Cabinet audit: What does Jacob Rees-Mogg as Leader of the Commons mean for policy?

The political and policy-based implications of the new Leader of the House of Commons.

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The job of Leader of the House of Commons – not a full Cabinet ministry, but a post that nonetheless comes with attendance rights  has traditionally been treated by Prime Ministers as a means of easing ministers out of frontline politics.

But in a minority parliament where control of the Commons agenda is no longer guaranteed to be the sole preserve of the government, the job of managing the government’s parliamentary timetable has taken on a new importance.

The appointment of Jacob Rees-Mogg, the former chairman of the European Research Group and student of arcane parliamentary process, suggests that Johnson’s Downing Street will take a more confrontational approach to both backbench rebels and John Bercow.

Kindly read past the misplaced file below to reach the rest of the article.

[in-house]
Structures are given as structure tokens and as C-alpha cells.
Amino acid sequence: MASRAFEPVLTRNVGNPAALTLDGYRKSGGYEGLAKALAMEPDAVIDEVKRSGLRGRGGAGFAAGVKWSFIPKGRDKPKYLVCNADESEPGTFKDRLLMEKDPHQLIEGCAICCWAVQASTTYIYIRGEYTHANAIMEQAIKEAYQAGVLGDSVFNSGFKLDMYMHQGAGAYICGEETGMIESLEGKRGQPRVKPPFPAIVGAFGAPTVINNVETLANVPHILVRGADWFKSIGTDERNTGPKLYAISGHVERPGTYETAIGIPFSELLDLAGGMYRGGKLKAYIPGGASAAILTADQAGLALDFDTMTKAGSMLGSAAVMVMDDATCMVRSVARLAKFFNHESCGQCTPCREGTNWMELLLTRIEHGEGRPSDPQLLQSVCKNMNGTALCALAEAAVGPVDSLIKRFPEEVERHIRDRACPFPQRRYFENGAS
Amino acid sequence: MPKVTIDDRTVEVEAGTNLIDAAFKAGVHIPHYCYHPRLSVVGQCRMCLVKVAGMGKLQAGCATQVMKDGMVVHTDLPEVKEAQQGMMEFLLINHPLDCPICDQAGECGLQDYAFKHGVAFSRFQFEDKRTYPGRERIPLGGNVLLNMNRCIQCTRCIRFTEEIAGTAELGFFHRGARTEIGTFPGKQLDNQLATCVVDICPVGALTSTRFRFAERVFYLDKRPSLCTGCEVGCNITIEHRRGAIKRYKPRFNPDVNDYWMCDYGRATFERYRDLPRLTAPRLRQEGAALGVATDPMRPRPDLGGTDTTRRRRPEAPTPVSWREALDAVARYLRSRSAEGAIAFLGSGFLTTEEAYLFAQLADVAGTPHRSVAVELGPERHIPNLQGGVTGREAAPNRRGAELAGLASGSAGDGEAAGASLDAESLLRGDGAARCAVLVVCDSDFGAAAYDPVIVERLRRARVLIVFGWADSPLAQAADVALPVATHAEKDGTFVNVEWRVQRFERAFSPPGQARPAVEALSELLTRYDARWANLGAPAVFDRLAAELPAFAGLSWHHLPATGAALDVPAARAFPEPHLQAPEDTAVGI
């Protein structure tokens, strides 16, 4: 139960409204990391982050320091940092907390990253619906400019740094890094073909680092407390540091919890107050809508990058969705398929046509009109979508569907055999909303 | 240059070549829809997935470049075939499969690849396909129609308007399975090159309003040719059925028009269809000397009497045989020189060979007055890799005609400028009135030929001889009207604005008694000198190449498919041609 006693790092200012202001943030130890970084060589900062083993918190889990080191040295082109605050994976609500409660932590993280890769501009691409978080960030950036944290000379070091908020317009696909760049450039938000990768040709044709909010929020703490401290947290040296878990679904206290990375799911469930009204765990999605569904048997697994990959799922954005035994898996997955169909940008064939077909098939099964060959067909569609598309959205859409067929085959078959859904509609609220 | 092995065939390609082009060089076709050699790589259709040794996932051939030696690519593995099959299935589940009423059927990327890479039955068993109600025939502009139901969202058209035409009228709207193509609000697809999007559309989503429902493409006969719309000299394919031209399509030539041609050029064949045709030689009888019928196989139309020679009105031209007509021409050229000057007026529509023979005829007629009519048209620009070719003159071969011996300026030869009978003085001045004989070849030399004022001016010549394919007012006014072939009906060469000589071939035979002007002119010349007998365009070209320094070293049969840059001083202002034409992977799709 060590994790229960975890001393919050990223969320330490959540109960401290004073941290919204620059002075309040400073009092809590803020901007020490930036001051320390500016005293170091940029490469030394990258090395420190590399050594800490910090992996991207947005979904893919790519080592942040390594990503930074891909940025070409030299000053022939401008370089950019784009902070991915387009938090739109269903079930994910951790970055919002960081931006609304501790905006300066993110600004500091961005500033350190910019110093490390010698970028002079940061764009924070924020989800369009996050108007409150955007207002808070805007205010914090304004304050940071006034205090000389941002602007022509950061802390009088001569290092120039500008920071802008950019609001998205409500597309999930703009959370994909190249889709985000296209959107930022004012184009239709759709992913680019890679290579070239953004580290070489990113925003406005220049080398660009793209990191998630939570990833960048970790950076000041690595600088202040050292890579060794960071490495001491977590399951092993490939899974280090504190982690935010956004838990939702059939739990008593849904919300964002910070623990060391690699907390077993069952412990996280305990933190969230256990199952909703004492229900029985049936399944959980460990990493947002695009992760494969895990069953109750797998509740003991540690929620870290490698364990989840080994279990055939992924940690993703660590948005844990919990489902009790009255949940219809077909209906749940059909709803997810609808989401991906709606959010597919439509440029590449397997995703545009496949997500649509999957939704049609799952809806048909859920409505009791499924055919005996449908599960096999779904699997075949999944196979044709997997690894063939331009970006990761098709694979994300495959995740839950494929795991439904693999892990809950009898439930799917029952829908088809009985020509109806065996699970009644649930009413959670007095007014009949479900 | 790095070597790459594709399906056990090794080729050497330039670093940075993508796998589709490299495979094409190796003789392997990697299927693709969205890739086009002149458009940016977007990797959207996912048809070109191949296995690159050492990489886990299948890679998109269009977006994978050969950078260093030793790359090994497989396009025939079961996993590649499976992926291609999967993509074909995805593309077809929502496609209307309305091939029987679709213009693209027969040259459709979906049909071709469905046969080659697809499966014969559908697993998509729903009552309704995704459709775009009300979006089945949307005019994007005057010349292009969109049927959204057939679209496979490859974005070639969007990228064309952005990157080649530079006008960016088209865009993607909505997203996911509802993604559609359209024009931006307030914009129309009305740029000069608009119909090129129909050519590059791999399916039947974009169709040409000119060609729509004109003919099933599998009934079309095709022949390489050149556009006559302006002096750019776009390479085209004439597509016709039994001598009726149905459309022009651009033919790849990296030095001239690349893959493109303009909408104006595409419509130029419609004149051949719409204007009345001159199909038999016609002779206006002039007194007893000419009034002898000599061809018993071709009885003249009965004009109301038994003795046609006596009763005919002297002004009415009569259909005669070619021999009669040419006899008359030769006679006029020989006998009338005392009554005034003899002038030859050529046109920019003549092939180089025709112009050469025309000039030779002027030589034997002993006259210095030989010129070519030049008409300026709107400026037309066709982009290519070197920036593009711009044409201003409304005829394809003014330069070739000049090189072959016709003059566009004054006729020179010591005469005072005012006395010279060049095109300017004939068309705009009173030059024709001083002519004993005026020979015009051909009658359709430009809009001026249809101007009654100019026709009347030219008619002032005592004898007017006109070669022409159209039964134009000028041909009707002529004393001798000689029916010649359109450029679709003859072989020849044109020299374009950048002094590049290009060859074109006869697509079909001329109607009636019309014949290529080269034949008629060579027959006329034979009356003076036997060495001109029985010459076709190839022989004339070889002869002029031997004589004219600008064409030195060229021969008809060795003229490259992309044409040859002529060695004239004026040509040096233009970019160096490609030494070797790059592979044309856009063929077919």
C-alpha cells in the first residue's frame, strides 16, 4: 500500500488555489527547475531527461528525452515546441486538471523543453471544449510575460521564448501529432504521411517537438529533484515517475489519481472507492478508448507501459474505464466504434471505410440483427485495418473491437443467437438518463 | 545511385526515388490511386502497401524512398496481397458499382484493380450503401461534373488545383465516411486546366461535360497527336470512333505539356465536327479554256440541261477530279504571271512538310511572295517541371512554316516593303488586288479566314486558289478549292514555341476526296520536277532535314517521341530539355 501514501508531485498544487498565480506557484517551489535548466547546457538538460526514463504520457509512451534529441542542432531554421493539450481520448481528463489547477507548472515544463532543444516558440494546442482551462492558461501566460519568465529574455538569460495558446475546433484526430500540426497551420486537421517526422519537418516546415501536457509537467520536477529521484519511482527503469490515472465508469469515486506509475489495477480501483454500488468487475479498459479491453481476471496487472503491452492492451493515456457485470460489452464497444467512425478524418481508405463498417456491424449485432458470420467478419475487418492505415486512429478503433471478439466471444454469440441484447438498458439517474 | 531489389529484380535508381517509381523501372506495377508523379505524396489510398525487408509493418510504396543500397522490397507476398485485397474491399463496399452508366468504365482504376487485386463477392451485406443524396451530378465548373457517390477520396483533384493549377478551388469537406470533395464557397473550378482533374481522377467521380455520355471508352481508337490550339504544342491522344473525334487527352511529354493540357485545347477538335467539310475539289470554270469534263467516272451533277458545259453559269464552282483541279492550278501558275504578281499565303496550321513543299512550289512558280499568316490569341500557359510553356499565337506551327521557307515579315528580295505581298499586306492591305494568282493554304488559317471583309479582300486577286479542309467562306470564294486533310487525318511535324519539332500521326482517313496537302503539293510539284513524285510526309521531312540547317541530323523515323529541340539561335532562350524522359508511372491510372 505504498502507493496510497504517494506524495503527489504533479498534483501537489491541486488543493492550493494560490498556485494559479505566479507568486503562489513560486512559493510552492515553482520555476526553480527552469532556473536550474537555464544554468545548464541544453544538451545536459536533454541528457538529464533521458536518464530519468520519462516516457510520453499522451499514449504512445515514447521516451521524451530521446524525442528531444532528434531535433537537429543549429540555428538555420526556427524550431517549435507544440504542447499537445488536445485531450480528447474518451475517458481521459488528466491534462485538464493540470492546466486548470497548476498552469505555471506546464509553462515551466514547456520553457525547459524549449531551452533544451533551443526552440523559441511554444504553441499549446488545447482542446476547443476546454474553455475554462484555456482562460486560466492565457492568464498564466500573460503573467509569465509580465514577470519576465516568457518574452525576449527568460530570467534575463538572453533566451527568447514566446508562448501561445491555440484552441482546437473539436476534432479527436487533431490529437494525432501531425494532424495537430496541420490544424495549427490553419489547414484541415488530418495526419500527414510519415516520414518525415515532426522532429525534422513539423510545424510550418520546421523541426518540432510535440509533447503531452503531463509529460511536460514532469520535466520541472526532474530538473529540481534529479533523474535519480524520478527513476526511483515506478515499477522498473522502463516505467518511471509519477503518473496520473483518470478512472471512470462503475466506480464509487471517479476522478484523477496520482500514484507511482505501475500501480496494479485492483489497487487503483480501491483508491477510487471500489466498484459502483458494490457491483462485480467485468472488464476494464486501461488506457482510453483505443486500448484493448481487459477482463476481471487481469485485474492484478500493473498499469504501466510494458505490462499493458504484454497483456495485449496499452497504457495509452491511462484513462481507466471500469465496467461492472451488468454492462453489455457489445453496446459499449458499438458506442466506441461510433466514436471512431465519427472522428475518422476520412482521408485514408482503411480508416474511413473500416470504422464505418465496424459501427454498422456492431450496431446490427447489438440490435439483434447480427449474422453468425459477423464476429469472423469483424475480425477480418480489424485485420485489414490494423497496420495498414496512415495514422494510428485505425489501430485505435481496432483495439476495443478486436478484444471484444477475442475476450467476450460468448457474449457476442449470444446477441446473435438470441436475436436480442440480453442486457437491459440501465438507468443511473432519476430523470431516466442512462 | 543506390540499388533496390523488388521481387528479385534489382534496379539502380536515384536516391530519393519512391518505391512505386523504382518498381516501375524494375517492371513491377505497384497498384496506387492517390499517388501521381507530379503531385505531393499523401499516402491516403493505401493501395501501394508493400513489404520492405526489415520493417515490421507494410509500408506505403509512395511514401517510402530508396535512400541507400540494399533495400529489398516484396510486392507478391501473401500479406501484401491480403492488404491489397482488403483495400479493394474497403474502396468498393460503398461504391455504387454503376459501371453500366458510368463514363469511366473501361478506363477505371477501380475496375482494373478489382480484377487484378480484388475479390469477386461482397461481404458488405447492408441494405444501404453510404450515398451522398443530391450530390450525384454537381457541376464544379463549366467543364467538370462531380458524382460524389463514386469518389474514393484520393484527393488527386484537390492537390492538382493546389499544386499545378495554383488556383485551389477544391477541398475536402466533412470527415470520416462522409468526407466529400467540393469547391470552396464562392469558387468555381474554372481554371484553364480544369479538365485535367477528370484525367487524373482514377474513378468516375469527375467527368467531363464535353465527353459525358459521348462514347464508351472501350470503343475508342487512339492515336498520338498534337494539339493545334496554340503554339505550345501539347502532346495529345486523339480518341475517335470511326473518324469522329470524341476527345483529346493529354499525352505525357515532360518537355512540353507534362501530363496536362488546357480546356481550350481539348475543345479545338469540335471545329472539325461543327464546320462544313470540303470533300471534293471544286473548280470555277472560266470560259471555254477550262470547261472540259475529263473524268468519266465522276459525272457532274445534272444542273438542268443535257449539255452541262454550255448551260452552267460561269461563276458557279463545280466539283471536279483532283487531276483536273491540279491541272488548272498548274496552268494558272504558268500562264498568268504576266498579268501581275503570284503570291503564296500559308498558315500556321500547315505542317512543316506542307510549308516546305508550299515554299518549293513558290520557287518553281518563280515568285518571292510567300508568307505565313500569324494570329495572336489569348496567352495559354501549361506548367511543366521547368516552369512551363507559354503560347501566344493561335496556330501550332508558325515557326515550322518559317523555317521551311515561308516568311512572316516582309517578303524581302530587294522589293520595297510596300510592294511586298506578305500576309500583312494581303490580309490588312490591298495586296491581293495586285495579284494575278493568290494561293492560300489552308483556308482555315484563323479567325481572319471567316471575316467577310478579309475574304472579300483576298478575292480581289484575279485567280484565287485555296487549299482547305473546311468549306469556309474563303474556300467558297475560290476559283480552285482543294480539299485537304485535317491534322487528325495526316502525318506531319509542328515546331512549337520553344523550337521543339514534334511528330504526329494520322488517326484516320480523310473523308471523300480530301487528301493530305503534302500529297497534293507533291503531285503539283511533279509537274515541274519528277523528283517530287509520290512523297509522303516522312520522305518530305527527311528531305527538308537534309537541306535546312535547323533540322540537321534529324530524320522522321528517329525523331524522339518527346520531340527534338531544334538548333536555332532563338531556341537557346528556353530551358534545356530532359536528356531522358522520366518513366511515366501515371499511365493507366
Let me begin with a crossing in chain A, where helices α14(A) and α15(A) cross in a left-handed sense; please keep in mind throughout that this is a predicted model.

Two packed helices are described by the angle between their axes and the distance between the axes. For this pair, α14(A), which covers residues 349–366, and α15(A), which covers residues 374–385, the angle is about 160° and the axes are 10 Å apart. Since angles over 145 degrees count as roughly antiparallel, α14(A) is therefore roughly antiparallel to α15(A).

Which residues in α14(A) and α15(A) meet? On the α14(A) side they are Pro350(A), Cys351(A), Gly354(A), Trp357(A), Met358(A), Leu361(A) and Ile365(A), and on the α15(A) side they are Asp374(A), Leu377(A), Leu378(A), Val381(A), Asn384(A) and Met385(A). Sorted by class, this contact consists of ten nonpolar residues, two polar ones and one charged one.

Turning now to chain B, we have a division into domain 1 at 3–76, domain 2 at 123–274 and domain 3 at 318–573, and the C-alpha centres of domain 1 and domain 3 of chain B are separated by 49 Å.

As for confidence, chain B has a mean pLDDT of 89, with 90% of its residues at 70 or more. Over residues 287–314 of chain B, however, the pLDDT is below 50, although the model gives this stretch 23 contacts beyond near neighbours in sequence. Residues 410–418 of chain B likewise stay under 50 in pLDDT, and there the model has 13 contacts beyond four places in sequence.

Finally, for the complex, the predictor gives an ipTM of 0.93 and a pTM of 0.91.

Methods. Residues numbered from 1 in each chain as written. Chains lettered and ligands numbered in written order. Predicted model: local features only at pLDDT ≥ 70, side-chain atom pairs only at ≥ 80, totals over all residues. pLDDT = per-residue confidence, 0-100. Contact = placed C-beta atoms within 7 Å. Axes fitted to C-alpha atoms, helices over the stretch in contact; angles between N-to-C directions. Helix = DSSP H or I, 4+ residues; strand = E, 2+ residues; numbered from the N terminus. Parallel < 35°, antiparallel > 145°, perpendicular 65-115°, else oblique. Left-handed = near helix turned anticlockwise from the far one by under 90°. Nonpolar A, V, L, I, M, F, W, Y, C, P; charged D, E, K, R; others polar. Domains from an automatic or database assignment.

Without keeping control of the order paper  or, indeed, limiting opportunities for others to take control  the chances of a no-deal Brexit somehow squeaking through the Commons will shrink from slim to nil. Rees-Mogg was among the first to raise suspending Parliament as a means of forcing no-deal through.

His appointment is above anything else a sign that Johnson’s government will seek to minimise its risk of being bound or defeated by the Commons on its Brexit policy – and that said policy is likely to be an endorsement of no deal.

It also seems that Rees-Mogg will be among those dispatched to communicate that policy over the airwaves, as his predecessor Andrea Leadsom did for Theresa May: he was the designated minister working the broadcast round on the night Johnson appointed his Cabinet. Whether it is electorally wise to have a figure so irredeemably associated with the harder end of the Brexit movement as one of the public faces of the government is another question entirely, however.

Patrick Maguire is the New Statesman's political correspondent.